Philip Morris says cigarette sales in many places could end in a decade and they’ve got a ‘safer’ product to replace them

Philip Morris International Inc. thinks the sale of cigarettes could come to an end in countries around the world in the coming years, but have no fear, because they’ve got another product ready to sell that offers a “safer” nicotine fix.

Philip Morris

and the Food and Drug Administration announced this week that the company’s IQOS “electrically heated tobacco system” has been given the green light to market as a safer alternative to cigarettes.

Now designated as a “modified risk” product, the company can promote these items “as containing a reduced level of or presenting a reduced exposure to a substance,” according to the FDA statement.

Philip Morris, the company behind Marlboro cigarettes, describes these alternative products as heating rather than burning tobacco, which a cigarette does. Burning tobacco, which reaches 600 degrees Celsius, “contains high levels of harmful chemicals,” according to the company’s website. The tobacco heating system (THS) heats tobacco to 350 degrees Celsius.

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“However, THS is not risk-free and delivers nicotine which is addictive,” the site says. Philip Morris has turned its focus to the IQOS product, with Philip Morris’ Chief Operating Officer Jacek Olczak saying at the Deutsche Bank dbAccess Global Consumer Conference last month that the company is committed to “working towards realizing [the] potential of this opportunity,” according to a FactSet transcript.

The development comes at a time when Philip Morris is preparing for the end of cigarette sales.

“I am convinced that it is possible to completely end cigarette sales in many countries within 10 to 15 years, but for that to happen, manufacturers and governments need to work in the same direction,” said André Calantzopoulos, chief executive of Philip Morris, in a letter to stakeholders published with the company’s report on its environmental, social and governance (ESG) efforts.

Calantzopoulos notes the “skeptical stakeholders” like international organizations and the media that “doubt that harm reduction through smoke-free alternatives is sound public health policy or argue that our purpose-driven strategy is nothing more than window dressing.”

He highlights other areas where advice to reduce a hazardous activity is accepted, such as lowering sugar intake for better health.

“I feel strongly that people who smoke cigarettes, the most harmful nicotine-containing product, should not be denied the opportunity to switch to better alternatives,” Calantzopoulos wrote.

In 2019, Philip Morris sold 706.7 billion cigarettes, down 4.5% from 2018, according to a June CFRA report. Over the next few years, CFRA forecasts that cigarette consumption will fall 3% each year.

Shipments of heated tobacco products, on the other hand, soared 44.2% to 59.7 billion units in 2019.

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There had been discussions about merging Philip Morris and Altria Group Inc.

, however those talks ended without a deal. This is a good thing for Philip Morris “given heightened regulatory and legal headwinds surrounding e-cigarettes in the U.S., as Philip Morris’ IQOS product underwent a lengthy FDA review process before getting the green light for sale in the U.S. in April 2019,” CFRA said.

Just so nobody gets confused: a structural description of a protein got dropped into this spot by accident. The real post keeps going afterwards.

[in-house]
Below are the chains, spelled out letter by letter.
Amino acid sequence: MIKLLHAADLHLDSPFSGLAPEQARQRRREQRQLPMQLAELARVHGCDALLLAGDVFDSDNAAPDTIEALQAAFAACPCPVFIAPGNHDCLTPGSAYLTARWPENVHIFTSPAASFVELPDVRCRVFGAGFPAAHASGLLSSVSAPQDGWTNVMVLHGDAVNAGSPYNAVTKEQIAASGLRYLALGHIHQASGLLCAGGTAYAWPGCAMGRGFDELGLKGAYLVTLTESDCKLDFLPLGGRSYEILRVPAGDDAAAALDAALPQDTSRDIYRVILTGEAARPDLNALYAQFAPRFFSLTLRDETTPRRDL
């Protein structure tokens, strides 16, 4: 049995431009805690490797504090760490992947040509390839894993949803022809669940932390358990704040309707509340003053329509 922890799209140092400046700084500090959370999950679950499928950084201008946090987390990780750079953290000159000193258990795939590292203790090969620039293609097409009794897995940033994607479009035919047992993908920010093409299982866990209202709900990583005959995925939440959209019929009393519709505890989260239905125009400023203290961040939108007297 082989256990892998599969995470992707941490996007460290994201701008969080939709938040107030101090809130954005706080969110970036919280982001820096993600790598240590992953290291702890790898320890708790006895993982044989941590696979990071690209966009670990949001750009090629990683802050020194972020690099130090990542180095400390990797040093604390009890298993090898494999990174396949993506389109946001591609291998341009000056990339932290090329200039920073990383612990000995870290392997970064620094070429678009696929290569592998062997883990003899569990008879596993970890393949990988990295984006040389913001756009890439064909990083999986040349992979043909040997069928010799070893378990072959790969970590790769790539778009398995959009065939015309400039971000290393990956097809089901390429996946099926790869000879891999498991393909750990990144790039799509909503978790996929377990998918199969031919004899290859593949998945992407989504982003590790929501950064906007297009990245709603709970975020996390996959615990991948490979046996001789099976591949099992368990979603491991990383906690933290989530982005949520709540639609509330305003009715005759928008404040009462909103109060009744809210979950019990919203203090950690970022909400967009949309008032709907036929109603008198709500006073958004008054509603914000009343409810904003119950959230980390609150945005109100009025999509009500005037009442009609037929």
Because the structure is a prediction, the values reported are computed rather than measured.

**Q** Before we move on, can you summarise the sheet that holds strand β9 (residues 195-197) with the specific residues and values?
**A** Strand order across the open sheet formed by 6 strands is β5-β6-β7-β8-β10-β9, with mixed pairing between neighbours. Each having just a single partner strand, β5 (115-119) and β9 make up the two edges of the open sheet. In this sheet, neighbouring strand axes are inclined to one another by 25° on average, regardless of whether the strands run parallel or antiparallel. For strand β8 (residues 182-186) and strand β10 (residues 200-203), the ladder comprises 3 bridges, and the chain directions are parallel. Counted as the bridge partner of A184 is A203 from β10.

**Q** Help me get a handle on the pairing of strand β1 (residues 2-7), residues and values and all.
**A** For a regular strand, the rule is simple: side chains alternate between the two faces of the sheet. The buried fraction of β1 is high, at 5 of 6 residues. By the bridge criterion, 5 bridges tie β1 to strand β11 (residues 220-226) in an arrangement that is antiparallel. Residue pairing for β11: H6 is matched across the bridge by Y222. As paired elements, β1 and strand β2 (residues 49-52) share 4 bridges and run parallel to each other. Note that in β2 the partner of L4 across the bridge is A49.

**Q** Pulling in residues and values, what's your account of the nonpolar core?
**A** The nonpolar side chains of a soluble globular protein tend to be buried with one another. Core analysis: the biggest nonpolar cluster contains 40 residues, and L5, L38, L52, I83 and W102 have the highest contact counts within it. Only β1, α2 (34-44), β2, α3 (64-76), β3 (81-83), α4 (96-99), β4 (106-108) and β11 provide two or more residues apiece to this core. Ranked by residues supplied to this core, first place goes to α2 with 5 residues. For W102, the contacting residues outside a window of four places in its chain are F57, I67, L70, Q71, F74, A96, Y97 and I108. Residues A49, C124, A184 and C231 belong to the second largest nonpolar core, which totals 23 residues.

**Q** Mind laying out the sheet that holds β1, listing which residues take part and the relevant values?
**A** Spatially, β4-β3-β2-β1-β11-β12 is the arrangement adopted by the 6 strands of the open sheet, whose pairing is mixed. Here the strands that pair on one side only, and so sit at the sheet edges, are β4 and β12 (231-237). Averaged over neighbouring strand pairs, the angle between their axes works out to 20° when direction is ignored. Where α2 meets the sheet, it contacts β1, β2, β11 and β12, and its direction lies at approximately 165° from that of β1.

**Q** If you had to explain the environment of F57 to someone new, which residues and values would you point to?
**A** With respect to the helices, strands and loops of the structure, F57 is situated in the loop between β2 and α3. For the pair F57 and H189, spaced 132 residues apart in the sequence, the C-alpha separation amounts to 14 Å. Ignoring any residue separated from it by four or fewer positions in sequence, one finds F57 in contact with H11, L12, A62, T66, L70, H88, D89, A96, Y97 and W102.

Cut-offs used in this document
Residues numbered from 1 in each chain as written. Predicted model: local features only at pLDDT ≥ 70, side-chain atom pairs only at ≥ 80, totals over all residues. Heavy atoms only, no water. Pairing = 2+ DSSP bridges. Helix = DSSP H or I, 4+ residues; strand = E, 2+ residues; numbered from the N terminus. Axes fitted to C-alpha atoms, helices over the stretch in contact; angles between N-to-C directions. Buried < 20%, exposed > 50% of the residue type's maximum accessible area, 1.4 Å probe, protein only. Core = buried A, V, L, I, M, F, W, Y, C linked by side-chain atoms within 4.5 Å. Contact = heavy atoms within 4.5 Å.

CFRA rates Philip Morris stock buy with a 12-month price target of $95.

“Despite declining cigarette consumption in developed markets, we look for pricing gains and growth in emerging markets to support revenues,” CFRA said. “We think the launch of Philip Morris’ heated tobacco product, IQOS, will lead to market share gains and help offset cigarette volume weakness.”

The company reported earnings and revenue that beat expectations in the most recent quarter. The stock is down 15.1% for the year to date while the Dow Jones Industrial Average

has fallen 9.3% for the period.

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While the cigarette business was hurt by restrictions imposed by coronavirus-related lockdowns and plummeting duty-free demand at global travel hubs, Olczak said on the April earnings call that device and heated tobacco sales were showing the potential to regain pre-COVID momentum.

Philip Morris’ goal now is to move into a “smoke-free future,” said Huub Savelkouls, the company’s chief sustainability officer, in a post on LinkedIn. Philip Morris has cut its cigarette portfolio by more than 700 SKUs (stock-keeping units) over the last four years and aims to move 40 million smokers of its cigarettes over to smoke-free products.

Savelkouls says engagement, including between the company and the investment community, is needed to achieve change.

“Making cigarettes obsolete can be achieved much more rapidly through inclusivity and openness,” Savelkouls wrote. “Our goals are really not that different and that is where the potential for creating impactful change lies: working together towards making the world smoke-free.”

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Philip Morris: Mr. Market Has Afforded Yet Another Opportunity – Philip Morris International Inc. (NYSE:PM)

The recent volatility of the market has taken few prisoners. Stocks across the board have plummeted as the indices enter bear market territory. We have written about tobacco giant Philip Morris International (PM) frequently in the past. We feel that the time is right to bring attention to this name once again. Simply put, the company had a strong recent quarter – just before “stuff” hit the fan in the markets. The stock has now been pushed into the low-mid $70s again. While that is a value on its own merit, we see the economic environment in the US potentially pressuring the US dollar. If the US dollar weakens, it would provide a massive tailwind to Philip Morris, meaning that the stock’s time in the low $70s may finally be running out. We will highlight four foundational points of why Philip Morris is attractive today.